A senator who chairs a committee set up to forge ties between the Canadian and Afghan parliaments has been receiving desperate pleas for help from Afghan politicians.
Sen. Salma Ataullahjan says she has received daily appeals for help to escape the Taliban from Afghans she met on official parliamentary business.
One Afghan woman MP told the senator that her car has been confiscated and that she is in hiding while trying to find a way to leave the country.
Ms. Ataullahjan, who was brought up in Pakistan and is Pashtun – the largest ethnic group in Afghanistan – said she has been inundated with calls from Afghans, including journalists, fearing for their safety.
They include Afghan politicians she met as co-chair of the Canada-Afghanistan Parliamentary Friendship Group and as vice-president of Canada’s Inter-Parliamentary Union, which fosters ties between parliaments.
The senator said she receives pleas each day from Afghans, including those who helped Canadian NGOs and are unable to get out.
She said one such woman was beaten up at the airport trying to flee with her children and is now “in hiding.”
“On a daily basis I am getting cries for help,” she said. “This woman MP I met said ‘I fear for my safety. We have nothing, even our cars, everything has been taken away.’ ”
Ms. Ataullahjan sits in the Conservative caucus and is the first person of Pakistani origin to be appointed to the Senate. She speaks Pashto, which is widely spoken in Afghanistan, and is the daughter of a Pakistani senator and granddaughter of Bacha Khan, who led an independence movement from British rule. As a child, she used to holiday in Kabul and lived near the Afghan border.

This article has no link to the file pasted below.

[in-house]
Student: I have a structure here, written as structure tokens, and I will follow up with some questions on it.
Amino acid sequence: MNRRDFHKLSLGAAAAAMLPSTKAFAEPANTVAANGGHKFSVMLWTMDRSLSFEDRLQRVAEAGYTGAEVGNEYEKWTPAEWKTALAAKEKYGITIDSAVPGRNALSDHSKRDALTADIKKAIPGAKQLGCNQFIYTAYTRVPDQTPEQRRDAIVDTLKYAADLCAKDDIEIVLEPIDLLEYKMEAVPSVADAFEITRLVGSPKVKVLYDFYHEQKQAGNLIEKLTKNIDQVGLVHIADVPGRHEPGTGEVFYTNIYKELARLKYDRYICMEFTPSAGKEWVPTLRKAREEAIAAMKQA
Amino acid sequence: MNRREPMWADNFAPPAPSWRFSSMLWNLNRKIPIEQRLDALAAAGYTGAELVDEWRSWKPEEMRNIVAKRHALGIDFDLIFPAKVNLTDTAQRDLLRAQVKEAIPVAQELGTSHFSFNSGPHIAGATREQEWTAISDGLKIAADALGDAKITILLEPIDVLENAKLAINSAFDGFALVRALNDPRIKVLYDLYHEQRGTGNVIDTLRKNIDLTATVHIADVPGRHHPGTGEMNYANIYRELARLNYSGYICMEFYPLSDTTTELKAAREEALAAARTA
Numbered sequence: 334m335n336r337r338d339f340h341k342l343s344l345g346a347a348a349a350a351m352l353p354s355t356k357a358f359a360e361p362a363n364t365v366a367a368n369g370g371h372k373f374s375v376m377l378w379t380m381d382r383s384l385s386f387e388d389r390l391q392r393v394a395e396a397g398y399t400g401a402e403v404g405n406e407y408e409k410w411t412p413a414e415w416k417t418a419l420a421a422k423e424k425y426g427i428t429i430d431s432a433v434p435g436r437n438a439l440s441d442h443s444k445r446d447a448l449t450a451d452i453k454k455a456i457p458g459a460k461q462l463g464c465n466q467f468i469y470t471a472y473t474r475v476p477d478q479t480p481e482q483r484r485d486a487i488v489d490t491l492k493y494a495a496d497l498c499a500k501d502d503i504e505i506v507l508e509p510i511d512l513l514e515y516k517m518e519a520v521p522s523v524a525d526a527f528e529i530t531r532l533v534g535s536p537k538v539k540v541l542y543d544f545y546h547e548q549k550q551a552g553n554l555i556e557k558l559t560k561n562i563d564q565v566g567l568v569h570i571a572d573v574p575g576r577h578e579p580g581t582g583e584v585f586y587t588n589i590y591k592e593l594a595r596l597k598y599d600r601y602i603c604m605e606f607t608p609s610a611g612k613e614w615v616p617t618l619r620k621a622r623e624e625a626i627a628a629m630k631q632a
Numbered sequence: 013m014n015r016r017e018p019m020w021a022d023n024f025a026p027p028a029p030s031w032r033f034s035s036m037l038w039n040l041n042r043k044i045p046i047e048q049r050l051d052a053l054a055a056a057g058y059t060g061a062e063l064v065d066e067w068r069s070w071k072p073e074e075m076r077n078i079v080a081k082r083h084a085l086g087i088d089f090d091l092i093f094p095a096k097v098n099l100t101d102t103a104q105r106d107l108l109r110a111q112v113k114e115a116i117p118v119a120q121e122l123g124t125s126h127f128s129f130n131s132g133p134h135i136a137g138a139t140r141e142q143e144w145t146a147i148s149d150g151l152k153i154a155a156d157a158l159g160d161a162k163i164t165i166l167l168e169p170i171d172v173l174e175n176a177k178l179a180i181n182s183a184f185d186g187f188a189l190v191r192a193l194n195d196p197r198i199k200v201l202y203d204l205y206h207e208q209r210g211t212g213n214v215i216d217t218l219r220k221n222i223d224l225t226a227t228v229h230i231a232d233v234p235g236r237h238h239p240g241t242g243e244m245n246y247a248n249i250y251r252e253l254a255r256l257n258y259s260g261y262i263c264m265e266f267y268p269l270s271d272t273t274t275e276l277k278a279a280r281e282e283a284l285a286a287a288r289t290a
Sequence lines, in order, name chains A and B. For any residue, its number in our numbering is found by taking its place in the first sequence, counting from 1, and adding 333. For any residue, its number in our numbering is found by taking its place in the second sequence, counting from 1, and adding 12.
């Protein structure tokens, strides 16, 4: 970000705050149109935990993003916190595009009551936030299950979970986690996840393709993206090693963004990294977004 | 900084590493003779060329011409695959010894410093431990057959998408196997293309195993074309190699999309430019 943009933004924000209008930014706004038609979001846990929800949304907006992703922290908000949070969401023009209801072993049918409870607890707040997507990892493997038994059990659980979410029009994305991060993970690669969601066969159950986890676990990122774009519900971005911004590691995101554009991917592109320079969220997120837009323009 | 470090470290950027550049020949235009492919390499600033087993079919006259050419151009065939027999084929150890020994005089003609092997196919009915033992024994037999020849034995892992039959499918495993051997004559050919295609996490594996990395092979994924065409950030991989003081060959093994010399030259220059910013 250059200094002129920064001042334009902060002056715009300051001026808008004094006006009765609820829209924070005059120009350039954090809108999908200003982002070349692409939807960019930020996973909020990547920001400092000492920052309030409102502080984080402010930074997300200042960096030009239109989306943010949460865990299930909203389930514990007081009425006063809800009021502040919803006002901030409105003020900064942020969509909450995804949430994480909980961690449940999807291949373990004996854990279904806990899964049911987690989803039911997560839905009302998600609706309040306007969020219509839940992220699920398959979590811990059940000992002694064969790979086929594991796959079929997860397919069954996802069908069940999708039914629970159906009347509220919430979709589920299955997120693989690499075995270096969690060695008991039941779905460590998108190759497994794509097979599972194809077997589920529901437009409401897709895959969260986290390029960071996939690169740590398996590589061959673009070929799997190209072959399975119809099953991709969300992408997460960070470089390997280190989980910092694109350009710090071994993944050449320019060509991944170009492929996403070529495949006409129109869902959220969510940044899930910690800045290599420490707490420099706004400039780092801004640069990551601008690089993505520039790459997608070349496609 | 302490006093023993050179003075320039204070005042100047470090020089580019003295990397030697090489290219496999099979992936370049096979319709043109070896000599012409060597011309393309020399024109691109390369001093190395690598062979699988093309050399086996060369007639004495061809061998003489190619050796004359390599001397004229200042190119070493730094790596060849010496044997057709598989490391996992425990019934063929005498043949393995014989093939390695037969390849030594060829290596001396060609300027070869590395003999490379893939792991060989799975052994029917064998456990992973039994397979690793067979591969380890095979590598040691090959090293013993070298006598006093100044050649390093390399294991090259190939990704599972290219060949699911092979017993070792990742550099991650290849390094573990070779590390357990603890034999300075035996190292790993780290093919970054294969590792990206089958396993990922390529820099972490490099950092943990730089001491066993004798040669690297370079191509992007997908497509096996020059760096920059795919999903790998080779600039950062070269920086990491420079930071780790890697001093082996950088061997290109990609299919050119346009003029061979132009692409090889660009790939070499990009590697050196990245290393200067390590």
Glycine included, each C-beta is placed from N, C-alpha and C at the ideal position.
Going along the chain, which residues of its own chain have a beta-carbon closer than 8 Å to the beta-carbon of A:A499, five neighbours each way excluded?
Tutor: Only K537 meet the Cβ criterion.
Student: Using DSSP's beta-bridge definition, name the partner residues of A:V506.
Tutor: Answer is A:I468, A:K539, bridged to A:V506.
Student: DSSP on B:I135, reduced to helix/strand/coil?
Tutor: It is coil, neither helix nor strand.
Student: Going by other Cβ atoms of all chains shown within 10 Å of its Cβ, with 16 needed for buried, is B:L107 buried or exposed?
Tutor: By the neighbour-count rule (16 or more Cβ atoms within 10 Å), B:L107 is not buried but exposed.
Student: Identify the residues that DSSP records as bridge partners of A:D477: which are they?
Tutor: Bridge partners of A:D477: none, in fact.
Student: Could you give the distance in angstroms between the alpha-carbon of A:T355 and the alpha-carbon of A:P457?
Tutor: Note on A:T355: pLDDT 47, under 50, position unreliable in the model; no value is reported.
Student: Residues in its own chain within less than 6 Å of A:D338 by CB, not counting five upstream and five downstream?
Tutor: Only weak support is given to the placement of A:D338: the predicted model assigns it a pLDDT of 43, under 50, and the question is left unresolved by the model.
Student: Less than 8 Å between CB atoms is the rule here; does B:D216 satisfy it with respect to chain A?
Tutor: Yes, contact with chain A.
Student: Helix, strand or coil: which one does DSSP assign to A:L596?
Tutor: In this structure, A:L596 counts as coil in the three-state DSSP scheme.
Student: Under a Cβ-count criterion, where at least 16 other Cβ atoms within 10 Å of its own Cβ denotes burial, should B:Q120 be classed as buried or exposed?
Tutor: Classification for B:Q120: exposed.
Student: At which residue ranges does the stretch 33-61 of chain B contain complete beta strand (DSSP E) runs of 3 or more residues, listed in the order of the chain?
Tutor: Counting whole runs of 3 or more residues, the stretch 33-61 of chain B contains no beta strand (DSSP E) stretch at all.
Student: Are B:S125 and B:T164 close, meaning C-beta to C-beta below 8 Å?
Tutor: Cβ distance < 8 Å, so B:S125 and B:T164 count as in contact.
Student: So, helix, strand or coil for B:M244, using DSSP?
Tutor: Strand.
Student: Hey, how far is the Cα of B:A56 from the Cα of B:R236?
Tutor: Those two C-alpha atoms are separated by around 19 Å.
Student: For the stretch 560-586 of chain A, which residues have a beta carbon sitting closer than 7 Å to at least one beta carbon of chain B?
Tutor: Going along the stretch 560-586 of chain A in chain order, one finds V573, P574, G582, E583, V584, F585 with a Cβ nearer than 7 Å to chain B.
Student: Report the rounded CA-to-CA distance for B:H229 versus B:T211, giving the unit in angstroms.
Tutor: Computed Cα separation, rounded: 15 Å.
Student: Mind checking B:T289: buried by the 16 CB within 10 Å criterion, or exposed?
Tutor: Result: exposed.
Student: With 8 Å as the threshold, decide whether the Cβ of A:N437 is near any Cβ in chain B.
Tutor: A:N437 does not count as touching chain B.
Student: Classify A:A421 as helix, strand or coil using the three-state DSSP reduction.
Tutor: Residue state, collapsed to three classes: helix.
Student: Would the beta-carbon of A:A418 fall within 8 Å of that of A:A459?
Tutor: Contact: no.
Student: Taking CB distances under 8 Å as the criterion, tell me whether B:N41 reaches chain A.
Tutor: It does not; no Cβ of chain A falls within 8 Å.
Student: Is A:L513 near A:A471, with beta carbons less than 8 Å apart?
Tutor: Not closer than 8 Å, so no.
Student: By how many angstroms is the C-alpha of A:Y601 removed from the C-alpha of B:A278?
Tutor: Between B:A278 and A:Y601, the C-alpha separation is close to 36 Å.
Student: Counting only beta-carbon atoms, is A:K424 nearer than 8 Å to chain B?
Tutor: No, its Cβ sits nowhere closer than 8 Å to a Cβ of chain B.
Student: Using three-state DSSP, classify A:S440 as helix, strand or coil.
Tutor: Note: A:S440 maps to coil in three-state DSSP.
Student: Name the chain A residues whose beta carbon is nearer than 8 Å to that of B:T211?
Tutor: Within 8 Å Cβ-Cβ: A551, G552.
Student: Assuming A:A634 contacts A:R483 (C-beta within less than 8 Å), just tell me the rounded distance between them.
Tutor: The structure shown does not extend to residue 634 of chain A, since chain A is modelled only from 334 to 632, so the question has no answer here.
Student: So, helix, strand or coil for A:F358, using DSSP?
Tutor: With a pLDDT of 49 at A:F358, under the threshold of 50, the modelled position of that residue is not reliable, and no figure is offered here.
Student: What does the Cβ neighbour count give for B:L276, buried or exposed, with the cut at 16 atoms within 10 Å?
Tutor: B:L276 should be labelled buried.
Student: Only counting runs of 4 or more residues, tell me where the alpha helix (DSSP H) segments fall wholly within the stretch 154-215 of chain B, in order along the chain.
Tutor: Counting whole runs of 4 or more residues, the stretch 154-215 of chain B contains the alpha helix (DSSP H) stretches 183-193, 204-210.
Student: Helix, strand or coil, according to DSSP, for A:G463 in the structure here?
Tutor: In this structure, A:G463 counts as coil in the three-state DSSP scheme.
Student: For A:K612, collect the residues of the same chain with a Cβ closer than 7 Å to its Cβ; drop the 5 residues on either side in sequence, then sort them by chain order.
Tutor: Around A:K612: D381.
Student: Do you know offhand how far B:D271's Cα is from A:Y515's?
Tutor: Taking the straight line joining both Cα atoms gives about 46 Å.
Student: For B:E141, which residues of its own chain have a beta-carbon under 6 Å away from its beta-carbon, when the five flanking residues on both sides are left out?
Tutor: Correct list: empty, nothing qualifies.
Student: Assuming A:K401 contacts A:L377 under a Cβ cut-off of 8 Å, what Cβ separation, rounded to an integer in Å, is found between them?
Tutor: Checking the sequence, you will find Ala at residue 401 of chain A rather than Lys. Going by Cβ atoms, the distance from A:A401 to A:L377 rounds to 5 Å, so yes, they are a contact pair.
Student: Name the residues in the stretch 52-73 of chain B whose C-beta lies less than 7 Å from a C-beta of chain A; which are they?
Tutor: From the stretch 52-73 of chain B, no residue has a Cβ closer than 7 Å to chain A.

She held the last official meeting of the Canada-Afghanistan Parliamentary Friendship Group via Zoom on July 29. The meeting heard reports of targeted killings of religious scholars, women, members of the LGBTQ community, artists and journalists.
In an interview with The Canadian Press, the senator said she fears for Afghan women, including those who were in positions of power.
“If you are a female you are in jeopardy. They [the Taliban] hate outspoken women,” she said.
She said she is contacted every day by desperate Afghans through WhatsApp, phone, e-mail and Zoom. But she said wifi is “sporadic” and it is becoming harder for them to stay in touch.
The senator expressed frustration with the lack of response from Canadian authorities when she has requested help for Afghans in peril to leave the country.
“When we have applied for people under threat, we haven’t heard anything,” she said.
The Liberal government has been repeatedly criticized for not acting quickly enough to save Afghans with ties to Canada. A special immigration program for those who helped Canada with its military mission in Afghanistan has been plagued by bureaucratic and technical problems.
Ms. Ataullahjan instigated a Parliamentary report in 2010 which recommended that plans be set out to support women in Afghanistan after Canada’s combat mission ended.
The report by the Senate Committee on Human Rights did not anticipate the country being retaken by the Taliban.
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